I have not spoken to Dr. Cooper or Dr. Yardley this afternoon. Bill called me after I left the hospital, asking me once again if I'd like to go ahead and have chemo in an IV. I declined the offer. I did not go through getting a port put in so that I could have chemo in my arm. If I was fighting an active tumor, I might think differently, but at this point, chemo is a preventive and 'just in case' measure. I do not feel the need to rush it. Bill understood, and said they would get with Dr. Cooper and let him know what needs to be done. If I don't hear from him tomorrow, I will call his scheduler and see what I need to do next.

The last few days I have been very nervous. When I get nervous I clean my kitchen. You should see how clean my sink is!! I felt as though I were walking into a lion's den. In Daniel 6:16, the king who threw Daniel into the lion's den said to him, "May your God, whom you serve continually, rescue you!" I love how the king could not eat or sleep that night and the next morning hurried to the lion's den to see if Daniel had been rescued. And in verse 23, the writer states that "no wound was found on him, because he had trusted in his God." I love it that God is faithful beyond my wildest dreams and continues to amaze me.

I will post again soon, when I have more information on the port replacement. Thank you, again, for all the prayers, cards, good thoughts and facebook messages. I have said it before and I will say it again: I praise God for you all and do not know how people get through things such as this without God and without friends and family. Especially, I want to thank Greta and my Momma for bringing dinner to us. Even though I didn't have chemo, we are gonna enjoy the good food!

Everyone enjoy this nice weather we're having. Maybe I'll take you for a ride in the convertible! :)

Love and hugs! -

Monday, August 16, 2010

Port Surgery

Hey everybody!
Hope you're having a good Monday so far.

I had my port surgery last Friday. I posted a picture above of what the port actually looks like. It was placed under the skin and attached to the chest wall, right at the area of my bra strap. Dr. Cooper told me once that when he performs surgery, he likes to make the cuts so that when you have on a bathing suit or tank top, no one can see the scars. I think it's compassionate on his part. But right now, it's sore.

The little circle in the middle of the port is where the needle will go. I can also have blood drawn from that spot, so no more needles in my arms. Thank goodness for that.

I have an appointment tomorrow to get more lab work done, then I can start chemo, probably next Tuesday the 24th.

I had a long talk with Dr. Yardley last Wednesday. She explained the chemo in more detail, along with what would happen around chemo days.
1. As long as I have someone driving me to and from chemo, they will give me something to help me relax. She called it anti-anxiety medication and I'm guessing it's probably Valium or something similar. She said I COULD drive myself, but why do that if I have someone to drive me. She also said if, for some reason, I do drive myself, they won't give me the relaxing drug.

2. She said I will be given several different medications to fight off nausea and that I will need to take them for 48 hours after chemo to prevent nausea. She said it's easier to prevent than go in and rescue once you get sick.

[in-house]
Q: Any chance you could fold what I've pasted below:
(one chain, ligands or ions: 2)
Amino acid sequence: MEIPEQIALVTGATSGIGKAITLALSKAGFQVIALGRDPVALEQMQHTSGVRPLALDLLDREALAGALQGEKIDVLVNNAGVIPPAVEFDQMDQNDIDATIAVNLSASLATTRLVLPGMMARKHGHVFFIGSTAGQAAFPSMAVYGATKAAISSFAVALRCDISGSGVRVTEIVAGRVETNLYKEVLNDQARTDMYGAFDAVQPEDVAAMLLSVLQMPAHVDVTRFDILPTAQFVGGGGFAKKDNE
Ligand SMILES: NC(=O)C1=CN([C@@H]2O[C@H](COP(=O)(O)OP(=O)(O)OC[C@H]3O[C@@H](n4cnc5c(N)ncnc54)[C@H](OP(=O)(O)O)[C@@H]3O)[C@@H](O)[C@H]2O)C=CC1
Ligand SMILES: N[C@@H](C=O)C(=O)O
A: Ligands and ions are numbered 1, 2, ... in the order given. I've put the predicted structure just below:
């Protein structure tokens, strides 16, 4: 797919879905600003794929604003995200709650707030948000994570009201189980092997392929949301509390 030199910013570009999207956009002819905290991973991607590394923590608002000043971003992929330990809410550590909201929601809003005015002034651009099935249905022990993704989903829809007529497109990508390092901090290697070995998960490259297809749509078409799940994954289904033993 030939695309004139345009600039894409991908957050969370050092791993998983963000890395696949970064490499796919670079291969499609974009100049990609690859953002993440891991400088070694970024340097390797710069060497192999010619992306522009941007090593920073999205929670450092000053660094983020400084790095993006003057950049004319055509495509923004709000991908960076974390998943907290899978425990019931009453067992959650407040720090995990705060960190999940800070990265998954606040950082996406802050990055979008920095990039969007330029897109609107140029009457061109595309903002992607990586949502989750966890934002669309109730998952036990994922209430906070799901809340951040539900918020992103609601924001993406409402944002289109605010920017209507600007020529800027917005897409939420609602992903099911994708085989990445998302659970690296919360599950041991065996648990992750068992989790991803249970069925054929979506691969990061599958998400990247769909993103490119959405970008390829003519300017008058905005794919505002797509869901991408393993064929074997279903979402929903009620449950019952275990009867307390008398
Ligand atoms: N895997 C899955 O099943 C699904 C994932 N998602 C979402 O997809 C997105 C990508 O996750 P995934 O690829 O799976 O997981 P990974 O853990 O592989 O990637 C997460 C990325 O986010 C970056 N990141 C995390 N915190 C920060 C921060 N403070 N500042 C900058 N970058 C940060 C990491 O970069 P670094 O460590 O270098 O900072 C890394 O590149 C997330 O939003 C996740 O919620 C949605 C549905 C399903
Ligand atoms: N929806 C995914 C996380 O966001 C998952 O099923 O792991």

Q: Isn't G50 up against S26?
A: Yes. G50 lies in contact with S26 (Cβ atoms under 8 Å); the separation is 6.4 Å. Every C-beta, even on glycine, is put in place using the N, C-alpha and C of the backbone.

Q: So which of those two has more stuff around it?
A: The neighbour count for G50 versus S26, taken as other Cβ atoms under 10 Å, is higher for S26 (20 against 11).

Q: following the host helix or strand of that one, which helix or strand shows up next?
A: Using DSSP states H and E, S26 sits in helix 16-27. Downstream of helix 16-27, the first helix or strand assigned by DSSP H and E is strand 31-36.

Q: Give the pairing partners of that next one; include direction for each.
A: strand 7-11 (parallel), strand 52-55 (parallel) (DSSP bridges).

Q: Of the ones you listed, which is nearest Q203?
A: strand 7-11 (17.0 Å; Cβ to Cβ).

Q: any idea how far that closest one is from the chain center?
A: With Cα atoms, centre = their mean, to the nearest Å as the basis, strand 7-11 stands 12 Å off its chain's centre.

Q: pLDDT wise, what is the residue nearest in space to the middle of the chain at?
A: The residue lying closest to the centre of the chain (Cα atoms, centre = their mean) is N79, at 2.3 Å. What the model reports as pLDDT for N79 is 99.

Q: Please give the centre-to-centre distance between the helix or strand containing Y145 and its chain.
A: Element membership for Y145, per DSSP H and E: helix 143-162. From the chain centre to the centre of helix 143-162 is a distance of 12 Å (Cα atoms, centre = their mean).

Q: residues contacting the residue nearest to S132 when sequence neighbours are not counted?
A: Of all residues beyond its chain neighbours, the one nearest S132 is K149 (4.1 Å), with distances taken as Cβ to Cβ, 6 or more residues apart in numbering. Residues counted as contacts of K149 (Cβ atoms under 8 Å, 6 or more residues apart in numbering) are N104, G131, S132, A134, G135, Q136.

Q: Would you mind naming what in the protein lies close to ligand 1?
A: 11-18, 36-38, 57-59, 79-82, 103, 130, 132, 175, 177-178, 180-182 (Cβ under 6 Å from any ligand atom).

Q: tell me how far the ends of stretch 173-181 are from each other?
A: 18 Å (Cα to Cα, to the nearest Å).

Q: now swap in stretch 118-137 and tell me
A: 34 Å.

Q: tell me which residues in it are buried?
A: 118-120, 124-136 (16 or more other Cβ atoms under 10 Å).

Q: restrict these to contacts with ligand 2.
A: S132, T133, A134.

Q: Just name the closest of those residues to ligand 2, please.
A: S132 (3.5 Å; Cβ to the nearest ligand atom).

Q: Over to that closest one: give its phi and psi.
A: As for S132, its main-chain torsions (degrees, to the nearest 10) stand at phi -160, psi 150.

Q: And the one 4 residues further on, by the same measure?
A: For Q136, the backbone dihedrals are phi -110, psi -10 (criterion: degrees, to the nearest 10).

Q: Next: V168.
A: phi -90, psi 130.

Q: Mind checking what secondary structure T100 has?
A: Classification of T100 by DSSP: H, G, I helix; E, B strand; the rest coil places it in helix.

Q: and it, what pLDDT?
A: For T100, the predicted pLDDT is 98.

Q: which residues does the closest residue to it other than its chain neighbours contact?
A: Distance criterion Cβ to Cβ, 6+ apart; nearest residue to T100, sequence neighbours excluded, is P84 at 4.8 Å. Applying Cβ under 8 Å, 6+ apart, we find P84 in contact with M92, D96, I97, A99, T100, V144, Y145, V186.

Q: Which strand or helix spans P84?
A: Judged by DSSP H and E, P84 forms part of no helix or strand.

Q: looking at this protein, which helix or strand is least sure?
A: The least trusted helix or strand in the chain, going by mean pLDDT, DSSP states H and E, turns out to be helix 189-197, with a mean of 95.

3. She said between day 10 and 14 after the first treatment I will begin to lose my hair. It will start growing back after the last treatment.

4. I can have 1 person in the treatment room with me. Each appointment will last around 3-4 hours because I will have lab work done, as well as see Dr. Yardley before each treatment.

5. My treatments will be 21 days apart (or once every 3 weeks). Dr. Yardley said the middle week will be the hardest. That is when the immune system gets hit hard and they would like for me to not schedule any other treatments (dental cleanings, other physical exams, etc) during that time. She said week 3 will be the best weeks.

6. I will have an appointment the day after every treatment for them to give me an injection that will help boost my immune system. It's given under the skin and is supposed to shorten the time that my immune system will be lowered. It won't prevent it. However, if my immune system is normally lowered for 5 days, this could shorten it to 2 1/2 days.

I was given 2 bracelets in the hospital on Friday. They are those rubber 'awareness' bracelets. One states that I am to have no needles, BPs or IVs in my right arm. The other tells people that I have a power port. The bracelets are on my right arm because that's where I had my lymph nodes removed to test for cancer. Evidently, any IVs, blood pressure cuffs or needles on and in that arm, can cause lymphedema. So they want everything to go in the left arm.

I am ready to get this started and over with. I think the 1st treatment will be the most nerve-wracking since I don't really know how my body will react. I am probably going to take treatment days off. My boss has been really great about everything. Unfortunately, his wife has had to go through this too. Because of that, he knows how hard it might be and has been really good to me through it all.

I will schedule my first treatment tomorrow and will post again once I go through the 1st treatment.

Hope everyone has a great week. -

Wednesday, August 4, 2010

Tests, Surgical Consult and Drug Trial Decision